After World War II, some gifted people in the Truman administration, along with others, looked back—and what did they see? They saw two world wars; the first was settled in rather vindictive terms that helped lead to the second, in which 50 million people were killed and many others injured and displaced. They saw the Holocaust. They saw the Great Depression and the protectionism and currency manipulation that aggravated it. They said to themselves, What an abysmal world, and we are part of it whether we like it or not. They set out to construct something better, and just as they got going, the Cold War emerged. So the Marshall Plan, the Bretton Woods system, NATO, and the doctrine of containment came into being. Gradually, continuing through various administrations and mostly on a nonpartisan basis, a security and economic commons was constructed, with important leadership from the United States, from which everybody benefited. But that commons is now at risk everywhere, and in many places it no longer really exists.
For now, we want to focus on a chapter on trade and immigration written by John Cochrane, who helps dispel a great deal of the ignorance and misinformation one gets from both sides of the aisle. At its most fundamental level, free trade is good because both sides prosper (by getting the best products at the lowest prices). Donald Trump, who thinks the “trade deficit” means we are “losing” to China, would do well to study up:
To the extent that all the dollars don’t end up buying American goods, foreigners end up buying assets in America, investing in our businesses. To the extent they do not buy private assets, they invest in our government bonds, financing deficits and US government spending that would otherwise vanish. Every dollar comes back. This isn’t theory. It isn’t an “on the other hand” proposition. It’s simple arithmetic. And it doesn’t just come out even. Since, pretty much by definition, the foreign goods we buy are better or cheaper, and our goods better or cheaper there, each country is better off.
The “churn” or creative destruction inherent in a market economy means businesses are constantly changing and forced to innovate:
The process of economic growth is painful. New, more efficient businesses come in and displace old, less efficient ones. In a competitive economy, anyone earning rents—extra compensation and an easy life—is a target for growth-producing disruption. Southwest and JetBlue disrupted United, TWA, and Pan Am (remember them?) and their employee unions. A&P put mom and pop out of business, Wal-Mart destroyed A&P, and Amazon.com may displace Wal-Mart. Uber is upending the taxi businesses. And we’re all getting cheaper and better goods and services as a result. Lots of people are doing well working for the new businesses. You might argue against “better” in the case of air travel. But that’s your choice: 1970 air travel at 1970 prices is still available. It’s called “business class.” The free market gives you better choices.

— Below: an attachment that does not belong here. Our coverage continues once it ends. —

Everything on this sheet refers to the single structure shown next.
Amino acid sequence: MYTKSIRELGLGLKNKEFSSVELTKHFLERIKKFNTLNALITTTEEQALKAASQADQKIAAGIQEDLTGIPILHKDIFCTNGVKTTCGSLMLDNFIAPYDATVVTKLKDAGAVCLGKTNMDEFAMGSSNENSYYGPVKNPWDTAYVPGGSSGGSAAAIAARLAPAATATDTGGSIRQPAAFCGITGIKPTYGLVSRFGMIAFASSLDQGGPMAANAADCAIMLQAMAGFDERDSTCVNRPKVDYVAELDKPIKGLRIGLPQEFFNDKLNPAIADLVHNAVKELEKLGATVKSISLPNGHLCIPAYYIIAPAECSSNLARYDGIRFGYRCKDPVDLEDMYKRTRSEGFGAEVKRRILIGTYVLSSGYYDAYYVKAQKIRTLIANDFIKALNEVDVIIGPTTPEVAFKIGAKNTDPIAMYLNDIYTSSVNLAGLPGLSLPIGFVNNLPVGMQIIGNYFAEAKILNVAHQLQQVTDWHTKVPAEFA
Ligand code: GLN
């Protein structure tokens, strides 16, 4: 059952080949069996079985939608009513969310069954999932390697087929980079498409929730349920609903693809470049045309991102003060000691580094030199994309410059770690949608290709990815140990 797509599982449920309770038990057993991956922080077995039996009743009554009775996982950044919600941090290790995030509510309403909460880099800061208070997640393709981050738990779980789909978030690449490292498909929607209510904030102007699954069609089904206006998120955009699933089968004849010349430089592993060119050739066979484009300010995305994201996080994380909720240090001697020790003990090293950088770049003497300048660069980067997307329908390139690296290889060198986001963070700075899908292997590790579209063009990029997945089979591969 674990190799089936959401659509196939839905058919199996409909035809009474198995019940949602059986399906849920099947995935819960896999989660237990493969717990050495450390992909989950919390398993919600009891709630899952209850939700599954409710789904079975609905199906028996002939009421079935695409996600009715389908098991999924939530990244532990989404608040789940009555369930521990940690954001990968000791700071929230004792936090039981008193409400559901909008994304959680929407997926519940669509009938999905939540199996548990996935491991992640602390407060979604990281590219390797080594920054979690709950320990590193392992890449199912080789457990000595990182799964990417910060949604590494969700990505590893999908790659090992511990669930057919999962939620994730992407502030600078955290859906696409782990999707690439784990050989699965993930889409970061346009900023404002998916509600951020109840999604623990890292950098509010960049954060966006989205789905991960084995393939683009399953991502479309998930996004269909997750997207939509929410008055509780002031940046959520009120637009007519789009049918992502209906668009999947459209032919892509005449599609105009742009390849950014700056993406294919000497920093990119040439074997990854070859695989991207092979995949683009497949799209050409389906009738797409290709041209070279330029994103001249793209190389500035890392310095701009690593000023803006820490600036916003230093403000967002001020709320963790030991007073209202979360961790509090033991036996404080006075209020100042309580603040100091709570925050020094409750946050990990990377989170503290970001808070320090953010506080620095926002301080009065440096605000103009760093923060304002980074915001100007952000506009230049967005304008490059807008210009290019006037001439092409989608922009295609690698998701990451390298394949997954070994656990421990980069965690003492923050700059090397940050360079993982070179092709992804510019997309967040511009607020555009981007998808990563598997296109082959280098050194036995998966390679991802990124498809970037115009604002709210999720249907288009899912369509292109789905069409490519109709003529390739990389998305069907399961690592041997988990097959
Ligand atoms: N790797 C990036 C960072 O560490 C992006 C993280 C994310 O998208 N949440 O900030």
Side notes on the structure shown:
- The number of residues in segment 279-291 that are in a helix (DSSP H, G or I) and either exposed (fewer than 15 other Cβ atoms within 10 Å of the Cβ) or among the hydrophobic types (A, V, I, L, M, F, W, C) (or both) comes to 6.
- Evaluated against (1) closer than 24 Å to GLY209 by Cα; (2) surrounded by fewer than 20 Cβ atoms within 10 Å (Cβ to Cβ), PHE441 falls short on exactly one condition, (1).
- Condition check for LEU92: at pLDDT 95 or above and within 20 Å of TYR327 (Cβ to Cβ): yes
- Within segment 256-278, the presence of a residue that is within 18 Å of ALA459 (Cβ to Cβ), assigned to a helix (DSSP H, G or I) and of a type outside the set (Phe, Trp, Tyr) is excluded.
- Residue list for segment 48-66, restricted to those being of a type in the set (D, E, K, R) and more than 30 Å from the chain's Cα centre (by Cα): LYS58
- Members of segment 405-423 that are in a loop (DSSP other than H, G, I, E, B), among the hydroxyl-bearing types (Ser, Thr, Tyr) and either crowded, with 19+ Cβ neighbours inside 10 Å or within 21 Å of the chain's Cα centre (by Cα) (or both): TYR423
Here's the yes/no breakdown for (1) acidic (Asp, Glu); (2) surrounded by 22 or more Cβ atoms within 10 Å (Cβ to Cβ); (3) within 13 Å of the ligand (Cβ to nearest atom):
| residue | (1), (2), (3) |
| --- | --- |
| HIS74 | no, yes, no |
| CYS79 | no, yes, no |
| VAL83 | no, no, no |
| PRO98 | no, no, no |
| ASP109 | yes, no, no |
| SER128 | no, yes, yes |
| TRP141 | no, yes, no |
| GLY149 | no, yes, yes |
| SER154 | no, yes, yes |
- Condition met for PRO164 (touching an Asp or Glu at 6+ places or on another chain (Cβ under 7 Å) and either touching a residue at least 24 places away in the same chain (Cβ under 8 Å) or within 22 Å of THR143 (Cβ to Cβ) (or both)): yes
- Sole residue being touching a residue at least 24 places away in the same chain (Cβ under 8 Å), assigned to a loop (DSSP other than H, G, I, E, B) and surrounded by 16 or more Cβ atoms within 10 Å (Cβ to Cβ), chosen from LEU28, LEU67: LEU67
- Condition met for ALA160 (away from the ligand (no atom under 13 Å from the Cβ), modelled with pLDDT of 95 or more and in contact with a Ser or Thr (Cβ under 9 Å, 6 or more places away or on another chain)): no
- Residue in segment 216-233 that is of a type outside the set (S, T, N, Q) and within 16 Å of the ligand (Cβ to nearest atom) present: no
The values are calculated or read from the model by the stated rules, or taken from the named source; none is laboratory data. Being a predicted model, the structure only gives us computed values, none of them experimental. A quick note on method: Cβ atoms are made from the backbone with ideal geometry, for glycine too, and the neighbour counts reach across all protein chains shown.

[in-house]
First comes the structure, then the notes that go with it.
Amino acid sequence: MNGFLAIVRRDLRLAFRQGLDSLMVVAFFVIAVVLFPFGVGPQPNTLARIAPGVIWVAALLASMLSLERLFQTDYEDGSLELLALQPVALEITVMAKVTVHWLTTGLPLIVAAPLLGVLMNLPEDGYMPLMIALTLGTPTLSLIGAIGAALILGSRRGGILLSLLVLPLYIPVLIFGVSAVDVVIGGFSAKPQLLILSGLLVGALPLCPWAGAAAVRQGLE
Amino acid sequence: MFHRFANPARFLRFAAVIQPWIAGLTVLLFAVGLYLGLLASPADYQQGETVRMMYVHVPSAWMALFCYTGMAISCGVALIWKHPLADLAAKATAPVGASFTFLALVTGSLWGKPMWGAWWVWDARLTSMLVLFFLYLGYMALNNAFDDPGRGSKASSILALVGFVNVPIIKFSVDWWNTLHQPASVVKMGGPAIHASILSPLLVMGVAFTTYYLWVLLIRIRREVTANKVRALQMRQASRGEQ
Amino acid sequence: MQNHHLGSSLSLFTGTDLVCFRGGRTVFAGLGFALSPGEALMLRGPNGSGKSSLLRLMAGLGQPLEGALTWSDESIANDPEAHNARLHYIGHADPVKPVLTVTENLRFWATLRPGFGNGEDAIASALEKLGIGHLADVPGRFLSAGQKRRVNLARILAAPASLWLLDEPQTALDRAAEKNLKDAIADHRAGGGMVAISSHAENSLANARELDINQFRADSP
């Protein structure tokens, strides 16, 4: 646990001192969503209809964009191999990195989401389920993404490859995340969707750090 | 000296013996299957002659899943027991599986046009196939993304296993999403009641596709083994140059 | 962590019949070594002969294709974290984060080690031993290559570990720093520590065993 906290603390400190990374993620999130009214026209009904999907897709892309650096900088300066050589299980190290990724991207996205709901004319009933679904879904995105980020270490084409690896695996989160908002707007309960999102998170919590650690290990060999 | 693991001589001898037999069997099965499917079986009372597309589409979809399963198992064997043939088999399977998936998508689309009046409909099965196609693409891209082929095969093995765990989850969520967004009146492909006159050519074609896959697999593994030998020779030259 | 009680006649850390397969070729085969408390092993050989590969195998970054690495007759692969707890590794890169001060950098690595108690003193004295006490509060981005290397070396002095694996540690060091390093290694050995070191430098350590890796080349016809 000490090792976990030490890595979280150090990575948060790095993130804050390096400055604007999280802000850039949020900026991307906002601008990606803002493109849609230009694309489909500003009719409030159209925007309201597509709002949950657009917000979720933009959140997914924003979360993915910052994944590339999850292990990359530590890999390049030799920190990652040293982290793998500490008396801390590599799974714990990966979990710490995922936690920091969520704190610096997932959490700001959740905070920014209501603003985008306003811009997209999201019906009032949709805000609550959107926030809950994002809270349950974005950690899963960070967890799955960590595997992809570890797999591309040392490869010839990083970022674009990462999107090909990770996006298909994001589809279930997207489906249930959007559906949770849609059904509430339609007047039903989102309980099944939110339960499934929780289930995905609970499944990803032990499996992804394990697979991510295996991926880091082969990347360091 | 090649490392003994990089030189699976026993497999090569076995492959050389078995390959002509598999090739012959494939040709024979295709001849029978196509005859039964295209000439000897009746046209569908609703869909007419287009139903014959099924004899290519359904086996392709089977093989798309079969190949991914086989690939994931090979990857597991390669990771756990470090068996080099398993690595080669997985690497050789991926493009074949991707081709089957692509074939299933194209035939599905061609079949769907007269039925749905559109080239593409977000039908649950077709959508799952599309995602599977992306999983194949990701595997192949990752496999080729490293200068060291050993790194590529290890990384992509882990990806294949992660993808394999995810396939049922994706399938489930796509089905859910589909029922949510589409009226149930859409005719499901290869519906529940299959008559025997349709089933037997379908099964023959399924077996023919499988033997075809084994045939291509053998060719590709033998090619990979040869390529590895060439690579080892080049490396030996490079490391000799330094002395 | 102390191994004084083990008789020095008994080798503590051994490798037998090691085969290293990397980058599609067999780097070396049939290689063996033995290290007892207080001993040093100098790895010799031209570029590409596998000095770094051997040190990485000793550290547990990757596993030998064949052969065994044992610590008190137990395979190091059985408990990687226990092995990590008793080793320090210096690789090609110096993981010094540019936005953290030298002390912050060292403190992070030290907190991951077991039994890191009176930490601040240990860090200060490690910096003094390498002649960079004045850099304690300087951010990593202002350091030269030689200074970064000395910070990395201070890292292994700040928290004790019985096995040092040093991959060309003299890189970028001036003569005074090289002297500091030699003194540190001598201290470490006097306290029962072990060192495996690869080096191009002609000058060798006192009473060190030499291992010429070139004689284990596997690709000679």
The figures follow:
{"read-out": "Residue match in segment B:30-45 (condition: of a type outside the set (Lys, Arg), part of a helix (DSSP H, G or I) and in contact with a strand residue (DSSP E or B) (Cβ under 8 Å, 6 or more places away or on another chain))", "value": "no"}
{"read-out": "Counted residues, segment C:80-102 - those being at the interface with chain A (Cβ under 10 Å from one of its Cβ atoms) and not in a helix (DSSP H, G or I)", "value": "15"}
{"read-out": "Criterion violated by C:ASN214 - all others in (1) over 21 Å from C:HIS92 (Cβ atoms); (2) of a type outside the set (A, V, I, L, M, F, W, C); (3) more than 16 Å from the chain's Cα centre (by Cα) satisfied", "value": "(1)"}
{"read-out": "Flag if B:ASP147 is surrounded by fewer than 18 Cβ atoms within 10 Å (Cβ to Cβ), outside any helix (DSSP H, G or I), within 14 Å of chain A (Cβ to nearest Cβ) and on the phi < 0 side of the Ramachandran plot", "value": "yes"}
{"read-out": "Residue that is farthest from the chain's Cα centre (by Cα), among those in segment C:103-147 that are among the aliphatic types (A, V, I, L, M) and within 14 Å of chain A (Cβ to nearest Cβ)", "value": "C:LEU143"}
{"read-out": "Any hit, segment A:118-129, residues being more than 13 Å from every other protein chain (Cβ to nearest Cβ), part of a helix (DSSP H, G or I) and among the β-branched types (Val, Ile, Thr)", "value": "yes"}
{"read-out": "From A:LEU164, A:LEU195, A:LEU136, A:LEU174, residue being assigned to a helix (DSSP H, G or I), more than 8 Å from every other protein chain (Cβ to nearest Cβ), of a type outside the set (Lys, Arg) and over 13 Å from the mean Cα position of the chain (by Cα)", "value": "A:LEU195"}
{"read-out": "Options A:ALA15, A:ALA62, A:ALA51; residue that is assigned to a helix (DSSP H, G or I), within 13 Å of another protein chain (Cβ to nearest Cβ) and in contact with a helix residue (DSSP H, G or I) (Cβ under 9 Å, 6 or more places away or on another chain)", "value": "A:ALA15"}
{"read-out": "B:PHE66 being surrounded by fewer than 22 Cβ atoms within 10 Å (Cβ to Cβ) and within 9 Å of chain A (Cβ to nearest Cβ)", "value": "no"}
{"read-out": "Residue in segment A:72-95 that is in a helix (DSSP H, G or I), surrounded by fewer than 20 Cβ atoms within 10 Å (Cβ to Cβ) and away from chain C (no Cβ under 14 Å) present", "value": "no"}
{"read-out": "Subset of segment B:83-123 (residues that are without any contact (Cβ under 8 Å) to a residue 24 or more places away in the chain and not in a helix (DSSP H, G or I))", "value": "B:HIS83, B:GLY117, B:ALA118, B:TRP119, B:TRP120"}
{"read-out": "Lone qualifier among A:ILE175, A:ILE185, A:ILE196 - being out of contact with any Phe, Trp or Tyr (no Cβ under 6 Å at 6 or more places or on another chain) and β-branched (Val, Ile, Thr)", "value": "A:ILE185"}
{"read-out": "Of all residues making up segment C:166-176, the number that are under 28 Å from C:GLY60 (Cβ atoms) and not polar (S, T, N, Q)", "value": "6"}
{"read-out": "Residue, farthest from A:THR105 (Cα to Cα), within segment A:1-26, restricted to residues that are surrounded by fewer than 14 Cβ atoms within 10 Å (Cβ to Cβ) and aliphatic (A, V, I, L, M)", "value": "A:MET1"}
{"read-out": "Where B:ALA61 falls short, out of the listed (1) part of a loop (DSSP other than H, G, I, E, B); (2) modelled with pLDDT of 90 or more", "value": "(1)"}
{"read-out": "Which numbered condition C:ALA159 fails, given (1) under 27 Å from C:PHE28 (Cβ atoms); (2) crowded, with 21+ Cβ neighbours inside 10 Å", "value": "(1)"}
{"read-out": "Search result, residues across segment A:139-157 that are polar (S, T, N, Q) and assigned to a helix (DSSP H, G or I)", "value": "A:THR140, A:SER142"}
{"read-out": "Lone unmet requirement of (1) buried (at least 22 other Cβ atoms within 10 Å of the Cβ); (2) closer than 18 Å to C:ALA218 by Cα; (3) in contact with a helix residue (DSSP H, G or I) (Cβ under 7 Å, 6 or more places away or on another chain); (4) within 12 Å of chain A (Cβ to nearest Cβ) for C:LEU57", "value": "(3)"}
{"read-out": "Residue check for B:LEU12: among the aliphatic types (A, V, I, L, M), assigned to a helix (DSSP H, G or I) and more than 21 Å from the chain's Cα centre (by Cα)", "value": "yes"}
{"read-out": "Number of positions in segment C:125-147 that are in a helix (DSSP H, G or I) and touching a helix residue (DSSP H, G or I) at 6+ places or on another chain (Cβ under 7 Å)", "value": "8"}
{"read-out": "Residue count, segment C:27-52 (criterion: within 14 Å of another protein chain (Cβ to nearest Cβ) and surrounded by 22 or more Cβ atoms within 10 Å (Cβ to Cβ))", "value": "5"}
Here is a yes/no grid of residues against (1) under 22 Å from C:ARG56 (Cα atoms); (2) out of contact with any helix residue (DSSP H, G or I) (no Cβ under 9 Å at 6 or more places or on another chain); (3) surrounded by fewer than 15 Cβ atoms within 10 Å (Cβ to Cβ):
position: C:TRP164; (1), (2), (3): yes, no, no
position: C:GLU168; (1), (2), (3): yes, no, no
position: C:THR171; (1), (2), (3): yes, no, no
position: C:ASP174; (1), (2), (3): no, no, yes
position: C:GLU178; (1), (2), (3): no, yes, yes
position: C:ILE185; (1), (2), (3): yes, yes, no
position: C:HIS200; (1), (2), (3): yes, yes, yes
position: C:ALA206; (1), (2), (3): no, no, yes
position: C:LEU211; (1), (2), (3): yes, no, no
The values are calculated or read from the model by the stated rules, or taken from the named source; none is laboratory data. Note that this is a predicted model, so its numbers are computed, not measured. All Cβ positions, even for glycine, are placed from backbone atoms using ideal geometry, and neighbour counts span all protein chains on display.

Critical in debunking myths about both trade and immigration is understanding the “lump of labor fallacy” — that is, imagining there are only so many jobs and that each newcomer takes away one from someone here already:
The lump-of-labor fallacy pervades thinking about trade and immigration, as well as many other misguided laws and policies. In the popular imagination, there are only so many jobs to be had. There are more people who want to work than there are jobs. Unemployment consists of people waiting around for a job to be “created,” especially by a politician hungry for a moment on camera. This vision has nothing to do with reality. . . .We can see direct evidence against the lump-of-labor fallacy in our own history. One of the greatest job invasions in all trade and immigration 115 history was the increase in women working. Women’s labor force participation rose from 32 percent to 60 percent from 1950 to 2000. But 27 percent of men are not permanently out of work now as a result. In the “great migration,” about six million African Americans moved from the rural South to Northern cities. Despite widespread fears, riots, and shameful efforts to exclude these newcomers, six million whites did not suffer permanent unemployment as a result.
It is not unfair to conclude that Trump would like to go back to the era before so many women and minorities were competing for jobs, but then we’d be poorer and suffer even greater inequality than we do now. On immigration, in particular, Cochrane finds incoherence and flat-out dishonesty in much of the political discussion. “Immigrants work and occupy jobs, yes. But they spend money, too! Every immigrant wants a car, a house, a haircut, food, clothes, and so on,” he explains. “The number of jobs in the United States expands to fill these demands. If immigrants steal jobs, ask yourself how 159 million Americans have jobs now. We are immigrants or descendants of immigrants. The answer is, we created new businesses and new demand just as much as we created new workers.”
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He recommends at the very least that we should make certain we are not “keeping out high-skill, high-wealth, or high-earnings migrants” who help grow the economy for everyone’s benefit.
It is a shame neither Republican nor Democrats treat voters like adults who can be persuaded by reasonable arguments and easily verifiable facts. Trump probably doesn’t know better, but there is no excuse for other Republicans and Democrats feeding public anxiety and playing to voters’ ignorance.